Name: Molly Clayton
Number of years as a CEO or Executive: 6.5 years
Current Title: Executive Director, Texas Campaign to Prevent Teen Pregnancy
Molly Clayton is responsible for advancing the mission of the Texas Campaign through leadership of strategic initiatives and efficient management of human and financial resources. Prior to this role, she served as the first Executive Director of the Texas Partnership for Out of School Time (TXPOST), a nonprofit statewide network dedicated to increasing the quality and availability of after school and summer learning opportunities for Texas youth. Molly has also served as the Vice President of Statewide Initiatives for United Ways of Texas, managing efforts to address education, family financial stability, and disaster recovery issues. Her background includes 12 years of experience in nonprofit leadership, consulting, and business administration. She holds an MBA from the University of Manchester in the UK and a Bachelor of Arts in Spanish from the University of Texas at Austin. Molly played a couple of seasons of banked-track roller derby with the TXRD Lonestar Rollergirls before retiring from the sport to go to grad school. She gets most of her exercise these days chasing her two young boys, who are just as fast and almost as reckless!
1. What advice would you give to professionals who have taken on a CEO or executive role for the first time?
Find your people – joining a network or linking up with other E.D.s and/or nonprofit leaders you can ask for/share support, resources, templates, etc. will be the best investment of your time and effort.
2. What is your best advice to navigate the first 90 days?
Listen and learn; build relationships; explore organizational ‘baggage’ and remember there are multiple perspectives on any issue. In my experience, it is easy to wonder why a previous E.D. didn’t do X, Y, or Z, until you walk in those shoes for a while and realize that there are only 24 hours in a day. Prioritize fiercely – identify what only you can do and delegate/eliminate the rest.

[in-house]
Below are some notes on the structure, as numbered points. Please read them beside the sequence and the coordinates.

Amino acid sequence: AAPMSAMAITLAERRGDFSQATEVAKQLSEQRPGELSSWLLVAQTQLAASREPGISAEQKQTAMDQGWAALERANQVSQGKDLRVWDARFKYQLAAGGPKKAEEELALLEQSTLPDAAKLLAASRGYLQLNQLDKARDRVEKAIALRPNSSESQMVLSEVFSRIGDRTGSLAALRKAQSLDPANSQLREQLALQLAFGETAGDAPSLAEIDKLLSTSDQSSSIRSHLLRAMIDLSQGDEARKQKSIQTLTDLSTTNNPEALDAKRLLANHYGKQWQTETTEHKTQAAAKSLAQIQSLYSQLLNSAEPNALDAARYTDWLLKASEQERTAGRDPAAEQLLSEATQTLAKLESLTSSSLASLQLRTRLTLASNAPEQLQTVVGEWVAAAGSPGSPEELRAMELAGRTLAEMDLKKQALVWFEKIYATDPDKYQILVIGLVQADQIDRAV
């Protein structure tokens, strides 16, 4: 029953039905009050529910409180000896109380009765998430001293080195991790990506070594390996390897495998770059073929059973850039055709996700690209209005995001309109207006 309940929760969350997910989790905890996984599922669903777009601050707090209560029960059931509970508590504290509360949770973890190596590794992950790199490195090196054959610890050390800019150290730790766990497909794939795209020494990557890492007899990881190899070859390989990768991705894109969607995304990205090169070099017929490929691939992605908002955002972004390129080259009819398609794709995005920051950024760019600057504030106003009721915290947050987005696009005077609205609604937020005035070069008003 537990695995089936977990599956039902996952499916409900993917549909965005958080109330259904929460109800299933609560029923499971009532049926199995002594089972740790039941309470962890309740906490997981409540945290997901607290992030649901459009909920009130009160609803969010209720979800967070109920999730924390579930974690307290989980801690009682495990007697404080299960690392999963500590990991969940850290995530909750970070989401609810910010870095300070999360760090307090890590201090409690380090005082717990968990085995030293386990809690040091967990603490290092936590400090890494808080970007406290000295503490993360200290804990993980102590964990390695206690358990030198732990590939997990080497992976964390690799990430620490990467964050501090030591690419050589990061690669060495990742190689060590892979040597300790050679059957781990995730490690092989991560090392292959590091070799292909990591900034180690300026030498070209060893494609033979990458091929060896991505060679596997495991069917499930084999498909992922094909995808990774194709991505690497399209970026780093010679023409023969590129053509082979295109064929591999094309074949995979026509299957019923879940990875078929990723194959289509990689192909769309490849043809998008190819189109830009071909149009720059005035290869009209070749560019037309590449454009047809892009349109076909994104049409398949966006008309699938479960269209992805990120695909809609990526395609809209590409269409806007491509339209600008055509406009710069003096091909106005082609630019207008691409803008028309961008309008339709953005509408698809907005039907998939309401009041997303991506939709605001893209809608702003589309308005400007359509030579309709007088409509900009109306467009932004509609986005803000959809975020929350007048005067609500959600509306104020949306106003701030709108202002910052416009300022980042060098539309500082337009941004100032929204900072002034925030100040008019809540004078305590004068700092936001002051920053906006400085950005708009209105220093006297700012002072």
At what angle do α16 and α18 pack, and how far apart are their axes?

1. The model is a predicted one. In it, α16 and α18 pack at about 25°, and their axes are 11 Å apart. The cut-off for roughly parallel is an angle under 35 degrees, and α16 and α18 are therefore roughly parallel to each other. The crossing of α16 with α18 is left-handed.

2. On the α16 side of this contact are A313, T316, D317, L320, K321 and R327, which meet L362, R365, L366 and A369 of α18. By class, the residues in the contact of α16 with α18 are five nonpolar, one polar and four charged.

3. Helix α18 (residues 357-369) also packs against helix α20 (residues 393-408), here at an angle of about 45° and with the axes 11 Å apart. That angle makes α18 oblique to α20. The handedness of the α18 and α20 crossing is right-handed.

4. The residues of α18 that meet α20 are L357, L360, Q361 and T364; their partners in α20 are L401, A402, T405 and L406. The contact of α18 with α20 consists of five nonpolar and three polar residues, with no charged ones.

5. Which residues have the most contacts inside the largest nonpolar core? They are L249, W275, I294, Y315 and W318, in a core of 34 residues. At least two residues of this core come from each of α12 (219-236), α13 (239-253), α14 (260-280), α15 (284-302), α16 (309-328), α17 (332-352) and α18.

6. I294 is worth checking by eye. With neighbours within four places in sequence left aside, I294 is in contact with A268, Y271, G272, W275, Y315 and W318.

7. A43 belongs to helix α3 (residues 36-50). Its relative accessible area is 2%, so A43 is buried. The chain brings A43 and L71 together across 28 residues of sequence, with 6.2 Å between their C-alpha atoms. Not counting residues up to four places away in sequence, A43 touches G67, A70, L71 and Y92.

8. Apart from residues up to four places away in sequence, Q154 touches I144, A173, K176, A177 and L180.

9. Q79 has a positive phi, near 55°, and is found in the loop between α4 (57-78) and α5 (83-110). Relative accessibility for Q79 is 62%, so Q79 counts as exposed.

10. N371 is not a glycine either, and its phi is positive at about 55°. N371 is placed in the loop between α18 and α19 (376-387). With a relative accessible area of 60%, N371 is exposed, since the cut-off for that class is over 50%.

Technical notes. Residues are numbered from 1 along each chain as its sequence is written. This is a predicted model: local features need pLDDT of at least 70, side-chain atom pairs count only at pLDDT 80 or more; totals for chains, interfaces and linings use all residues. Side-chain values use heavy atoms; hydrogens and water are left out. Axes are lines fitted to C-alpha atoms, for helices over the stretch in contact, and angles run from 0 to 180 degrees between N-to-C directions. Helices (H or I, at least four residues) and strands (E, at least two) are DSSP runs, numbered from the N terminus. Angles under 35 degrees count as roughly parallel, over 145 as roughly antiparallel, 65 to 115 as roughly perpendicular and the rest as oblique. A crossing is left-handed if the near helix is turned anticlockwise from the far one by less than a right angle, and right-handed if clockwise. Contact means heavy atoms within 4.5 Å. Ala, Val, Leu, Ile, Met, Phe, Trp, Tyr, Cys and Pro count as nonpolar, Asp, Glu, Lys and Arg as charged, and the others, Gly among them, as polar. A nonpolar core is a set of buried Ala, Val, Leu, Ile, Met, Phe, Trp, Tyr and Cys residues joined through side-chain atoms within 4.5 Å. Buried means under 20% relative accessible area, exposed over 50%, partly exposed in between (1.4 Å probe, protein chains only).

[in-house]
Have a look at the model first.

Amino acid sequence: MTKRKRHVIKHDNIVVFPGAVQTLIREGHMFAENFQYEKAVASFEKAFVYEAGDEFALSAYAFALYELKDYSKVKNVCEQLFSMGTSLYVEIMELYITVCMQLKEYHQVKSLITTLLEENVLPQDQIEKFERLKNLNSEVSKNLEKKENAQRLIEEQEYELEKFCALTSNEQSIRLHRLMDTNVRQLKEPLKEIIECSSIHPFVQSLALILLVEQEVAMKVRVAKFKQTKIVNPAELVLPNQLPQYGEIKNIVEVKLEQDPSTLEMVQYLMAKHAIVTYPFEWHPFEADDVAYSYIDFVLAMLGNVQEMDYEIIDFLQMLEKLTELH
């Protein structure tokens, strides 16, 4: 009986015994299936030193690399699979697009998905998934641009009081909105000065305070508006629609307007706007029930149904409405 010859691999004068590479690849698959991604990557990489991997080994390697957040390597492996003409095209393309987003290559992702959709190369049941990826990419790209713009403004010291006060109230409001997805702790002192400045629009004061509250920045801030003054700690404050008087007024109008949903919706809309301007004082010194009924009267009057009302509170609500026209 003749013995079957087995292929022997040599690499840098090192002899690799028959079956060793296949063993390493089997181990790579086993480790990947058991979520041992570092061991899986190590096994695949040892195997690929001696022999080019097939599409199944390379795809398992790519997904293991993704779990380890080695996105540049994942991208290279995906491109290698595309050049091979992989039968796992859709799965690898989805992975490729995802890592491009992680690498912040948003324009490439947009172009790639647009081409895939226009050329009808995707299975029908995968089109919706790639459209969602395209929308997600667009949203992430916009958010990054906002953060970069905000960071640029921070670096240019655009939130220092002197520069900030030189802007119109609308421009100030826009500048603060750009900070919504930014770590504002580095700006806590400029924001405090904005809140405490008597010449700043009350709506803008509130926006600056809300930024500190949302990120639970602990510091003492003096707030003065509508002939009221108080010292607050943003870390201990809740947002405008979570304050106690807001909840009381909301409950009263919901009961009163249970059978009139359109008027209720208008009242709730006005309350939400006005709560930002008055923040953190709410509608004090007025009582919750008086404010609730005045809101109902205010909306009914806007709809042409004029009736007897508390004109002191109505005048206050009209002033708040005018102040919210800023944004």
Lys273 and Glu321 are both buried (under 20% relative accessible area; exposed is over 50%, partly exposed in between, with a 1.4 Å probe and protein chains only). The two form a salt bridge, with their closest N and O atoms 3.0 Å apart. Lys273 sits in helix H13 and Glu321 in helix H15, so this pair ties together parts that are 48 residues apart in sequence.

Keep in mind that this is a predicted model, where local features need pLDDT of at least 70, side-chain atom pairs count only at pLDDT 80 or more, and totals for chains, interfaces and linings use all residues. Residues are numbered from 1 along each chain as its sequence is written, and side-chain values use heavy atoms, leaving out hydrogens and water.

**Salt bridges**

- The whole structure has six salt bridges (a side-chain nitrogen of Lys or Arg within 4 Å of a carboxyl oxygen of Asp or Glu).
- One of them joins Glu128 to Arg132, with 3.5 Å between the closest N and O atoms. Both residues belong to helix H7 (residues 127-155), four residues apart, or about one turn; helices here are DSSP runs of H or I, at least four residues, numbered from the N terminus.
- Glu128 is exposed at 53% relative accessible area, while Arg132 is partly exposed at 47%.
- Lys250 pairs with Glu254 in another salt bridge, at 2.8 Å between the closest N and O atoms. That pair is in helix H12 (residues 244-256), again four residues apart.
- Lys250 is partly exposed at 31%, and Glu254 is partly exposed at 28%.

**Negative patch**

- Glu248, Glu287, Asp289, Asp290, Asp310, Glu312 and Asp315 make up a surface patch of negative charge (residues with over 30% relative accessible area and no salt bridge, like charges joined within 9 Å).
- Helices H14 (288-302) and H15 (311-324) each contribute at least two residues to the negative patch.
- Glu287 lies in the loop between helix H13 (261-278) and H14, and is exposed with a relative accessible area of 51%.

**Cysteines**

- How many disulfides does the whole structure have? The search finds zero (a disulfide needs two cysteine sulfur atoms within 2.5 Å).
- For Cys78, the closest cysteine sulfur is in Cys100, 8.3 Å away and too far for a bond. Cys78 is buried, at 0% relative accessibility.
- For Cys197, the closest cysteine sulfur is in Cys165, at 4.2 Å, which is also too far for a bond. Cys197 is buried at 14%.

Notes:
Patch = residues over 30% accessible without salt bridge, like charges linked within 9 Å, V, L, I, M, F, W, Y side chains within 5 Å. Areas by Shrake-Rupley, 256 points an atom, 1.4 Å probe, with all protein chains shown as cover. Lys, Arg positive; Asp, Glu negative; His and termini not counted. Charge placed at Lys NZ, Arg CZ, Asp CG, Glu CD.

3. What is your best advice on how to work with the board?
Listen. Find common ground. Offer learning opportunities. Value their time and input, even if you don’t always agree. Recruit board prospects you can learn from.
4. What is your best advice on leading a team?
Hire people who strive for excellence – it makes managing much easier. Own your mistakes and try to learn from them. Give praise publicly and offer suggestions for improvement privately. Find out how you can help them meet their professional goals while achieving your mission.
5. What is your best fundraising advice?
Use data to build donor confidence that you know your stuff and stories to connect them to your mission. Constantly assess which fundraising strategies are most lucrative vs the effort needed to sustain them. As you grow, invest in ‘friendraising’ as much as ‘fundraising’.
6. Share your greatest failure as a CEO and executive and the lesson learned. We often learn the most from our failures.
My greatest failures have come from not trusting my gut, my experience, and that little voice that keeps pestering me if I don’t pay attention to it.
I once made the mistake of trusting a national policy ‘expert’ to guide policy priorities for my Texas-based organization, which backfired due to our unique political environment. It made building trust and relationships at the Capitol harder than it would have been otherwise and embarrassed the volunteers we had engaged to advocate.
Another time, I ignored signs that a new employee was incapable of meeting the demands for the job and exhausted extensive agency resources over several months trying to compensate. We ultimately had to let her go, and it was even more excruciating because I knew in my heart it would end that way all along and had just procrastinated on a hard situation.
7. Recommended reading. What book helped you on your journey?
The Book of Joy by His Holiness the Dalai Lama and Archbishop Desmond Tutu. I’m not a particular person of faith, but their wisdom on finding joy even in a world with so many atrocities has lifted me up many times over the years. It’s not a book, but a podcast about the Focus Funnel by Rory Vaden has helped me think about how I manage my time and effort, which are always insufficient to meet the demands.
I hope this helps. Let me know. Sharing is caring.
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Thank you to those nonprofit CEO and Executive Directors who’ve generously done the 7 questions!
I hope reading 7 Questions with Molly Clayton helps you in your nonprofit journey.
Your mission matters,
Sabrina Walker Hernandez